There has been much comment on the soaring cost of the government’s planned HS2 rail project, recently rated red (“unachievable”) by the Infrastructure and Projects Authority (IPA) which reports to the Cabinet Office.
Yet scarcely a murmur is raised about the huge waste of public funds spent on weapons systems. This includes the relentless pursuit by successive governments of the Trident nuclear missile system, which is benefitting from an extra £6bn buried this summer in the government’s latest defence policy paper.
Trident is widely estimated to cost more than £200bn over a 30 year lifespan, a figure the Ministry of Defence does not dispute. That is double the latest estimated cost of HS2.
Plans for a nuclear reactor core for the new Dreadnought class of Trident submarines have been rated red by the IPA after long delays and huge cost increases.
The Mensa nuclear warhead project, delayed by six years, is estimated to cost well over £2bn, more than double its original estimate, the Nuclear Information Service, an independent research group, has discovered.
Tony Blair acknowledged in his memoir, A Journey, that the expense of Trident was “huge” and its use from the military point of view “non-existent”. But he concluded that giving it up was “too big a downgrading of our status as a nation”.
His judgement was misguided. Britain’s status depends more on economic prosperity, responsible governance, and even soft power, than on nuclear arms.
Yet John Healey, the current shadow defence secretary reflecting the Labour leadership’s fear of being accused of being weak on national security, has described his party’s support for Britain’s nuclear weapons as “non-negotiable”.
British governments have described nuclear weapons as the “ultimate insurance” in the event of an “existential” threat to Britain. This claim is in striking contrast to the persistent failure to devote adequate resources to insure adequate health, education, and welfare, for British citizens, including against possible future pandemics.
Who will British nuclear weapons of “last resort” realistically deter given the array of increasingly sophisticated equipment available to hostile countries, some difficult to identify?
Trident is not the only weapons system that continues to waste massive amounts of taxpayers’ money.
Lord Richards, a former chief of defence staff, described the aircraft carriers, the Queen Elizabeth and Prince of Wales, to me as “behemoths…unaffordable vulnerable metal cans”.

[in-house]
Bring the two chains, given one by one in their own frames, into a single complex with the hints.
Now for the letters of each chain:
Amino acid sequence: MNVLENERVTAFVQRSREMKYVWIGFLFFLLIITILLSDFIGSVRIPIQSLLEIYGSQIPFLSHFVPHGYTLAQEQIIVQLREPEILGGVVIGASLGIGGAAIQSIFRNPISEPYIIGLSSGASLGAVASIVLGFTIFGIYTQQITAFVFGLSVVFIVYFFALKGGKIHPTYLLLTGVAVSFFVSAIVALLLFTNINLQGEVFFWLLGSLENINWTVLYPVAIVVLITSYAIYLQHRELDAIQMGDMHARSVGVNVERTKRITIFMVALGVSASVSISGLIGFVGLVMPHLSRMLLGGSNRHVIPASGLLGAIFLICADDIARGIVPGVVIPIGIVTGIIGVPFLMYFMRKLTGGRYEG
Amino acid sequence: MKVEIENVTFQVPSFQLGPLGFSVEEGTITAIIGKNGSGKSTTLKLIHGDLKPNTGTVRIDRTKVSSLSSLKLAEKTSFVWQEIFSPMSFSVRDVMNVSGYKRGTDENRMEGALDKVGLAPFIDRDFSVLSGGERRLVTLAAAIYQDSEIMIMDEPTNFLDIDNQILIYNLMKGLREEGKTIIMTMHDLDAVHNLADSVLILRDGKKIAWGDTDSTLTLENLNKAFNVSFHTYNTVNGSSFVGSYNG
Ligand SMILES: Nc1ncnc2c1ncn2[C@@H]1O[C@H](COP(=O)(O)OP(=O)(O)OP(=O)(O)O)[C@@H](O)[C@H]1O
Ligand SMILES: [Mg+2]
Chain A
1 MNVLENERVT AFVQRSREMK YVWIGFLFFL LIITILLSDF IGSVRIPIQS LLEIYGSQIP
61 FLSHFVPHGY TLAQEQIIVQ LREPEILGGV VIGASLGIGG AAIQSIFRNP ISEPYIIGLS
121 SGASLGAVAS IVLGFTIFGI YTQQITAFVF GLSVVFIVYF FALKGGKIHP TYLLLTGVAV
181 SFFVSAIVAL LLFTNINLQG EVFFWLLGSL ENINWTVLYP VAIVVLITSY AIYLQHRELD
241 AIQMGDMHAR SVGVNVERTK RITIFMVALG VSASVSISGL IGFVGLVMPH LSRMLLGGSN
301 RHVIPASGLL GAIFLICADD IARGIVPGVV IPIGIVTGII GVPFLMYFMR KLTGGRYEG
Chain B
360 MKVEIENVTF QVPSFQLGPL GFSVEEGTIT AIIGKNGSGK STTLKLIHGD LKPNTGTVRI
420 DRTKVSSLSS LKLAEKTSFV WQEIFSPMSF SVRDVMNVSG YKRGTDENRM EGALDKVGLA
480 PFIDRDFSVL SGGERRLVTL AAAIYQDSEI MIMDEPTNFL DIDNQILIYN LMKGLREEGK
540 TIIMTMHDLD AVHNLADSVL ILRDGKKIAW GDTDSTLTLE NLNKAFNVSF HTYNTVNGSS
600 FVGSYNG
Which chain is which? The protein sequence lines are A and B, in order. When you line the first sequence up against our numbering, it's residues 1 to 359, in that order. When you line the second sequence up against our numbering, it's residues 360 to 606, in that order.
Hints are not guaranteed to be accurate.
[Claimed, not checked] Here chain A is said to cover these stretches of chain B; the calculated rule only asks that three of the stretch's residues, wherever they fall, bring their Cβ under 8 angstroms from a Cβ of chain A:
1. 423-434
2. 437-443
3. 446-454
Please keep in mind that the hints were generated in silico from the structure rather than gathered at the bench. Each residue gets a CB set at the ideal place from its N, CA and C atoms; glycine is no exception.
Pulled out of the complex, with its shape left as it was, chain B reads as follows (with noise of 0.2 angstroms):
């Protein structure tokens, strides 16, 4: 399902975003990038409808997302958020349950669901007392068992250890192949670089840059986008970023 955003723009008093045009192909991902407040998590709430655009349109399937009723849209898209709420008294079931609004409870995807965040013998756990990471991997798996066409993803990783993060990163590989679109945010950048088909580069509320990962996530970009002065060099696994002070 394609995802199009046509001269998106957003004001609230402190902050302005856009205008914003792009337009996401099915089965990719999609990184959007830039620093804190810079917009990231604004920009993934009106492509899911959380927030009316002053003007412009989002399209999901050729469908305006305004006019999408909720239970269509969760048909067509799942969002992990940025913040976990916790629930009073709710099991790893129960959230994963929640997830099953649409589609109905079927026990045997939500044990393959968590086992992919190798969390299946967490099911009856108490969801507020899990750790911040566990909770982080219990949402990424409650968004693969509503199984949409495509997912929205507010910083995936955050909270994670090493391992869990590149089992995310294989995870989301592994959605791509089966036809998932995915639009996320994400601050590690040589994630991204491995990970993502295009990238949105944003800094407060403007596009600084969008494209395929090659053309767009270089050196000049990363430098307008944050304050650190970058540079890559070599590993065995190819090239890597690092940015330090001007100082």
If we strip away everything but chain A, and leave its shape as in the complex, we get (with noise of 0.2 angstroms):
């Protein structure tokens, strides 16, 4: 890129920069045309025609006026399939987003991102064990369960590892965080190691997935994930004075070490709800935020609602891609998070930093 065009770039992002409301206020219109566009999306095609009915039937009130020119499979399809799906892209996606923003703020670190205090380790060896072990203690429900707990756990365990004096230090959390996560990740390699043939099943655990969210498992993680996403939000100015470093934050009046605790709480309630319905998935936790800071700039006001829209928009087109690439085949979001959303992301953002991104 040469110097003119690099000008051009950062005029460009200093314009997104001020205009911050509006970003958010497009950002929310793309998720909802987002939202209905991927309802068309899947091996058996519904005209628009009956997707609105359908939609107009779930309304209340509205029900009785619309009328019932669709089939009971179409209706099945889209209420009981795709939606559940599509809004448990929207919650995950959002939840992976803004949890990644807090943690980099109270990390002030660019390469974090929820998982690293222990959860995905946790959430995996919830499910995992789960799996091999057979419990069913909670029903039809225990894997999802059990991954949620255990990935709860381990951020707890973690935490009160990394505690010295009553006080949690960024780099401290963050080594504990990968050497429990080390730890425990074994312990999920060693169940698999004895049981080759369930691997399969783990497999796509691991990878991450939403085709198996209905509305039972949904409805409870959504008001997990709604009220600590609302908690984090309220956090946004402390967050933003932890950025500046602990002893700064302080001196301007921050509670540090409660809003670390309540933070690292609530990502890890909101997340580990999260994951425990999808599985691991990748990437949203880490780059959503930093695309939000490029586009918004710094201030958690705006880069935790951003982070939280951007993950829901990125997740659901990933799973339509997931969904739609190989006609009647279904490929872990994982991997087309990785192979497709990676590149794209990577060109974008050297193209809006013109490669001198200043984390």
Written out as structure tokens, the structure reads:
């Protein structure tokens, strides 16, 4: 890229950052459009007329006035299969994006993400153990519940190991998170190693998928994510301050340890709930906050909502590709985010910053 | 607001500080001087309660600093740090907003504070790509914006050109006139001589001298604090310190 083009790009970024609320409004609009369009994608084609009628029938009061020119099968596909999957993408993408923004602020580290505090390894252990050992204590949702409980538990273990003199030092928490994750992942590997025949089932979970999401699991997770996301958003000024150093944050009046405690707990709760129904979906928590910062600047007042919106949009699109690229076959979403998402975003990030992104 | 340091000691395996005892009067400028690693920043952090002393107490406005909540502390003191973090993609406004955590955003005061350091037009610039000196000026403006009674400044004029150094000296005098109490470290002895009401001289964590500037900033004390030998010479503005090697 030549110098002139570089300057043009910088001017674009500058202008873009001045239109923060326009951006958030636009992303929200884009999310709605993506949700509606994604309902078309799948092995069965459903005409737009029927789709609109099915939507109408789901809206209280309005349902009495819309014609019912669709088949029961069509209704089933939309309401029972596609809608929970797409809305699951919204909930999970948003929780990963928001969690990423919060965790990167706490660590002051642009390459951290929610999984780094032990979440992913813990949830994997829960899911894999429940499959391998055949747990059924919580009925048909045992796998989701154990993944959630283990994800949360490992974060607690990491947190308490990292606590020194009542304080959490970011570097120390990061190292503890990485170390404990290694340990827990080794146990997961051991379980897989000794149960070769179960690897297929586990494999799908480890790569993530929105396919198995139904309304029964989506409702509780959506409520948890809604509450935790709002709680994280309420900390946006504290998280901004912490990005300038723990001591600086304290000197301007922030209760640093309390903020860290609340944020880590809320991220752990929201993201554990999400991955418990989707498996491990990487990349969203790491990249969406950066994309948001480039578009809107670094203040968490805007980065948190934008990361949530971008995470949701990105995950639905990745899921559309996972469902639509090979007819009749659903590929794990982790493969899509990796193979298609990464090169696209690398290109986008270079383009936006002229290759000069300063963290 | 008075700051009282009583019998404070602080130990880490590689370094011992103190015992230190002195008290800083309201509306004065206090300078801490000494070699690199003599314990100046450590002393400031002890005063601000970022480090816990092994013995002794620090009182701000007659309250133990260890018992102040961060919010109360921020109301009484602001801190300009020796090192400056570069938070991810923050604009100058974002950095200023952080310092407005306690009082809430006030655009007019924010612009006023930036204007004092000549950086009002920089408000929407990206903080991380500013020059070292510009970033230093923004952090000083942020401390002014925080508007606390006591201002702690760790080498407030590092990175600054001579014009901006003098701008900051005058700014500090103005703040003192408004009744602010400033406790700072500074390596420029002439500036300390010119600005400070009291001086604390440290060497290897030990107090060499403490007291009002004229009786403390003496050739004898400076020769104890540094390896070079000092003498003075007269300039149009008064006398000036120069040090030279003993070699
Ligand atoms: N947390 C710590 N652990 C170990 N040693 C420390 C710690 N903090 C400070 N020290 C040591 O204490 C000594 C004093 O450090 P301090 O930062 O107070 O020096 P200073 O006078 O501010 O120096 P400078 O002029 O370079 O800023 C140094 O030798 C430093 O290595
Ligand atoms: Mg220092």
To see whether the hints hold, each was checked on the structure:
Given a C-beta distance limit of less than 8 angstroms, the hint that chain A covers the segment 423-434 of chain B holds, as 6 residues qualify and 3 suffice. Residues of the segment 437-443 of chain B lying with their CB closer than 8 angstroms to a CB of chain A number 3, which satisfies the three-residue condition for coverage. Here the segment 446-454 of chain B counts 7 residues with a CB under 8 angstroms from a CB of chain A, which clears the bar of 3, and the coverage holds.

Asked about the cost of initial plans to buy American F35 fighters for the carriers, the top official at the MoD told MPs: “It would be imprudent to put a number in the public domain which would inevitably be wrong”.
The government is now planning to develop a Future Combat Air System (FCAS) which includes a new fighter plane called Tempest, described by Ben Wallace, the outgoing defence secretary, as a “world-leading fighter jet by 2035, protecting our skies for decades to come”.
The IPA has also classified the plans for Tempest as red, or “unachievable”.
For decades, the military top brass and arms companies have combined to seduce ministers into costly white elephants. They continue to do so despite repeated warnings by the National Audit Office (NAO) and parliamentary committees that their projects are unaffordable.
Two years ago, the Commons public accounts committee said it was “extremely disappointed and frustrated” by the continuing wastage of taxpayers’ money ,“running into the billions”, on weapons projects.
In an excoriating report early this year the committee said the challenges of modern warfare were “accelerating away” from an MoD “bogged down in critical projects that are years delayed and at risk of being obsolescent on delivery.”
This summer the Commons defence committee described the way the MoD went about ordering weapons as “highly bureaucratic, overly stratified, far too ponderous, with an inconsistent approach to safety, very poor accountability and a culture which appears institutionally averse to individual responsibility.”
The MoD has been slow to recognise the significance of new threats including cyber and electronic warfare and the significance of pilotless drones. The one practical initiative it did take was to increase the size of Britain’s Special Forces.
While their role, ironically in a high-tech age, is becoming more significant, they are protected by a cloak of secrecy even greater than that covering MI5, MI6, and GCHQ.
The record is as bad when it comes to the most basic equipment. Scandals already identified by the NAO and the Commons defence committee include plans to spend £5.5bn on an armoured vehicle called Ajax and the appalling state of living quarters.
Tests on Ajax deafened the occupants and showed it could not reverse over obstacles more than 20 centimetres high. The vehicle, conceived in 2010 will not be fully operational until 2029, a decade late.
Meanwhile, the MoD is £4.2bn worse off by selling married quarters it still needed to a private company, and it was later forced to apologise for the squalid and dangerous state of homes for armed forces families.
The MoD has been allowed to shrug off its critics for far too long. The defence budget is projected to double to total £100bn a year by 2030.
Will those in government responsible for such basic needs as health, education, and welfare, allow Grant Shapps, the new defence secretary, to blindly pursue his predecessors’ policy of throwing good money after bad? We shall soon see.
The paperback edition of Richard Norton-Taylor’s latest book, The State of Secrecy, is out on 7 September.